Earlier this month, we wrote a story on Norway and how by 2025 it’s banning the sale of all gas-powered cars in favor of electric vehicles (EVs) or fuel-cell vehicles (FCVs).
Considering that 24 percent of new vehicles sales in Norway are already EVs, and more than 98 percent of their electricity is generated from renewable sources, it would seem that such a move is both feasible and within that country’s self-interest.
But for other countries trying to do the same thing, the picture is murkier.
The next-largest EV sales market share is around 6 percent, while all other countries have an EV sales market share of around 1 percent or even lower, which means that mass adoption is still a ways off. What’s more, many countries around the world still generate large portions of their electricity from coal, and EVs charged by coal-generated electricity are found to actually increase air pollution 2 to 5 times compared with conventional gasoline cars. And, according to the Department of Energy’s GREET Model, they provide minimal GHG emissions benefits as well. They can even be worse in that area, too, when compared to new, fuel-efficient gasoline cars.
With that in mind, what other countries are looking at banning gas-powered cars or their sales in the (relatively) near future?
The Netherlands is also shooting for the same target as Norway — no new gasoline and diesel vehicles sales by 2025 — but the Dutch have a slightly steeper hill to climb. Approximately 6 percent of new vehicle sales there are EVs, which is good enough for second place in EV adoption. A full 100 percent adoption by 2025 would be quite the feat, though not impossible, especially when you consider that hybrids will still be allowed. In terms of electricity generation, the Dutch are nowhere near as clean or sustainable as Norway, since coal is responsible for about a third of their generation, but they have plans to phase out coal entirely by 2020.
Germany is giving itself an extra five years and is not pushing for a ban on new gasoline and diesel cars until 2030, but the odds of meeting that goal are dicey at best. Only 0.6 percent of new vehicles sold in Germany are EVs, and of the 52.3 million vehicles in Germany, not even 1 million of them are electric. And 46 percent of the nation’s electricity is generated from coal, so switching to an all-electric fleet could create air-quality problems for parts of the country heavily reliant on coal-generated electricity. If the air gets worse, it could spark public outrage similar to that in parts of China. Is it technically possible that all new vehicles sales in Germany will be electric by 2030? Yes. Would I bet on it? Probably not.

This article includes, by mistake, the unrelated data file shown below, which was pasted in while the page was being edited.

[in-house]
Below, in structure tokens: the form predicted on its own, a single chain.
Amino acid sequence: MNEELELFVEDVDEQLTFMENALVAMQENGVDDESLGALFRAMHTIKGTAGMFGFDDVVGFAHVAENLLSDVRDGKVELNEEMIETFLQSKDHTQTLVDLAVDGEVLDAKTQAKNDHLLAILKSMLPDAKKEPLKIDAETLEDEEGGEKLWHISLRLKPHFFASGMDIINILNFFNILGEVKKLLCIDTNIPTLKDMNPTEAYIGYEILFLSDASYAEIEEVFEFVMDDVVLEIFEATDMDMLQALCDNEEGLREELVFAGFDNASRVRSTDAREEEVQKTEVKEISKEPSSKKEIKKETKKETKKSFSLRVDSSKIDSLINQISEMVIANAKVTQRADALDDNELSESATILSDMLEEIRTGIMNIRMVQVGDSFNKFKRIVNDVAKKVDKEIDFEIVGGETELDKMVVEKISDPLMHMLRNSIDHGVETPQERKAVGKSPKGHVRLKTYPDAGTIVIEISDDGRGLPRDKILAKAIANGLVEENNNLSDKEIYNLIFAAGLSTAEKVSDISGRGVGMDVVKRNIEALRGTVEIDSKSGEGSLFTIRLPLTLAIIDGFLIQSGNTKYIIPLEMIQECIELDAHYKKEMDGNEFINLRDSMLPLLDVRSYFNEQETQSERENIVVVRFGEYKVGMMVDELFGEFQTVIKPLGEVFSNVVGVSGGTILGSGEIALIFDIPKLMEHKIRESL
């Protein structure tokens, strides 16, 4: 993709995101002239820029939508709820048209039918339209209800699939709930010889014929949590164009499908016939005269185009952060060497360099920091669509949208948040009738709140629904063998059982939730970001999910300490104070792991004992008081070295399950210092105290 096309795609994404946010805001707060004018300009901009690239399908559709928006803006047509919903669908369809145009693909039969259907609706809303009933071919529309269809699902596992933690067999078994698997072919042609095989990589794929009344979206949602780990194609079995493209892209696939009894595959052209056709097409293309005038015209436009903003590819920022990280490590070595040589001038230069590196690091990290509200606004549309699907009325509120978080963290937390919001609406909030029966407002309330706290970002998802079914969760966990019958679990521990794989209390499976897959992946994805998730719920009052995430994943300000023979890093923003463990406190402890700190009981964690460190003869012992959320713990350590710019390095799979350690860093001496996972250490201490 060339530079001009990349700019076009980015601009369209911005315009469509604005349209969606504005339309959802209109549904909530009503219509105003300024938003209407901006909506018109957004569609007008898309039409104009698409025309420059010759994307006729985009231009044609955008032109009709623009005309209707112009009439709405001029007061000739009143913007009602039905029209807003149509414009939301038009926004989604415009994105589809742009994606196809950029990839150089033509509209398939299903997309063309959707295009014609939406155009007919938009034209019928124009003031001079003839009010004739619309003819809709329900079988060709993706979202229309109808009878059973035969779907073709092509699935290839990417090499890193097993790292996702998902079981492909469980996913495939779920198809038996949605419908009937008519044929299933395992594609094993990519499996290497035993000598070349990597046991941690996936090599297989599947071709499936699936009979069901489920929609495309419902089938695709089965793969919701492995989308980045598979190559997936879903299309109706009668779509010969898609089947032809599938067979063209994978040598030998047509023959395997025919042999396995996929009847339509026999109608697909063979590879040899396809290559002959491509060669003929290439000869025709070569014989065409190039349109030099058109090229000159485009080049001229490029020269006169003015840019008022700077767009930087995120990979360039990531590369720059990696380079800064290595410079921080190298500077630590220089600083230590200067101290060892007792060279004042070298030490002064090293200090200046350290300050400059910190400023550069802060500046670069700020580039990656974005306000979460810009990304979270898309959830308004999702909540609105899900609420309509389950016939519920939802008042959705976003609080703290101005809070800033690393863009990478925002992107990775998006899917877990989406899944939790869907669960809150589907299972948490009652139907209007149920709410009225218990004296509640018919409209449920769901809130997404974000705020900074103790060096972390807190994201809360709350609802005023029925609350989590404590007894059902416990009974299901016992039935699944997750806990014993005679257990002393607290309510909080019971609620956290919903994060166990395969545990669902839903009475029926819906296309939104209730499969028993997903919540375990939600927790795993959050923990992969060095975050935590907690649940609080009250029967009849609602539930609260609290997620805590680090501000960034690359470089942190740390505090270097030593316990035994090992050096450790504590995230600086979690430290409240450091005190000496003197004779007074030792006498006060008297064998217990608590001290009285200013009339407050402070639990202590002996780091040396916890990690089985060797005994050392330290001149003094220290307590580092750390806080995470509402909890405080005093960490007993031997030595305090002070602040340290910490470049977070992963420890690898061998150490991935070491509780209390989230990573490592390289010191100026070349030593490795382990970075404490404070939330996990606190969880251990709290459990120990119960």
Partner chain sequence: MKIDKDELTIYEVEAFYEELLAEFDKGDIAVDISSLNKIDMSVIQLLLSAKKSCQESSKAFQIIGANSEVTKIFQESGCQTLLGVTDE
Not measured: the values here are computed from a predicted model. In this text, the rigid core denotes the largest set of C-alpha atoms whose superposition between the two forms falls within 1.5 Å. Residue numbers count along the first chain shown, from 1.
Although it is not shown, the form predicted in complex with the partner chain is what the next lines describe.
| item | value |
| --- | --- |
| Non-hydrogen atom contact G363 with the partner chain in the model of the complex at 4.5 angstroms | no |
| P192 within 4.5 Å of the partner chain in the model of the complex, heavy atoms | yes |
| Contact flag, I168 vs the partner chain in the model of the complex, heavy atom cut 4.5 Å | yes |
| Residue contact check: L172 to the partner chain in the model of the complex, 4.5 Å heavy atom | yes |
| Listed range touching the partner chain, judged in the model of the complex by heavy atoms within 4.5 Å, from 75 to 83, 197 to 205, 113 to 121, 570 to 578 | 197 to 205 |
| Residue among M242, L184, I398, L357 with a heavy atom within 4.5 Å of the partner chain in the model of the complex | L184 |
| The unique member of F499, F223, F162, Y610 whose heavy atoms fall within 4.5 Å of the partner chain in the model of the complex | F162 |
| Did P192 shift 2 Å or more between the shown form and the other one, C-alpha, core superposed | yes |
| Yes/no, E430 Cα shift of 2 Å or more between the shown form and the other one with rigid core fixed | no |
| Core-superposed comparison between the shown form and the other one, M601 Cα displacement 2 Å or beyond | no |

Oh boy. While Norway, the Netherlands, and Germany are content with aiming for all-electric for new vehicles sales by 2025 or 2030, India wants to go one step further and have all vehicles in the country run on electricity by 2030. That’s quite the task, considering that cars are now lasting longer than ever, usually at least a decade. Even if starting today every new car sold in India was electric, they would still have a quite a few gasoline and diesel cars on the road in 2030. And to be clear, India is nowhere close to every new car being sold running electricity, with the most recent survey counting only a paltry 2,689 EVs driving on their roads. That’s not the only problem India faces: 21.3 percent of their population, nearly 300 million people, don’t currently have access to electricity. And of the people that do have access, 72 percent of that power is generated from coal, which again, would be even more disastrous for air quality than more conventional gasoline cars. While ambitious, India’s plan to electrify its fleet by 2030 is not just unfeasible, it could also cause more problems than it would solve.
While it might make sense for countries like Norway and perhaps The Netherlands to try to achieve near-ubiquitous EVs in the near future, the same isn’t true of countries like Germany, and certainly not countries like India.
EVs should be part of their drive to reduce air pollution and GHG emissions, but so should striving to clean up the conventional gasoline-vehicles they already have on the road. This means more alternative fuels like ethanol and methanol that can be made from biomass, natural gas, or waste. Those fuels not only burn cleaner, but in engines designed to take advantage of their high-octane content, they’re more efficient and powerful than gasoline or diesel.
Not all countries are the same, and different places will require different strategies in the struggle to reduce our oil dependence and the harmful environmental effects that it comes with.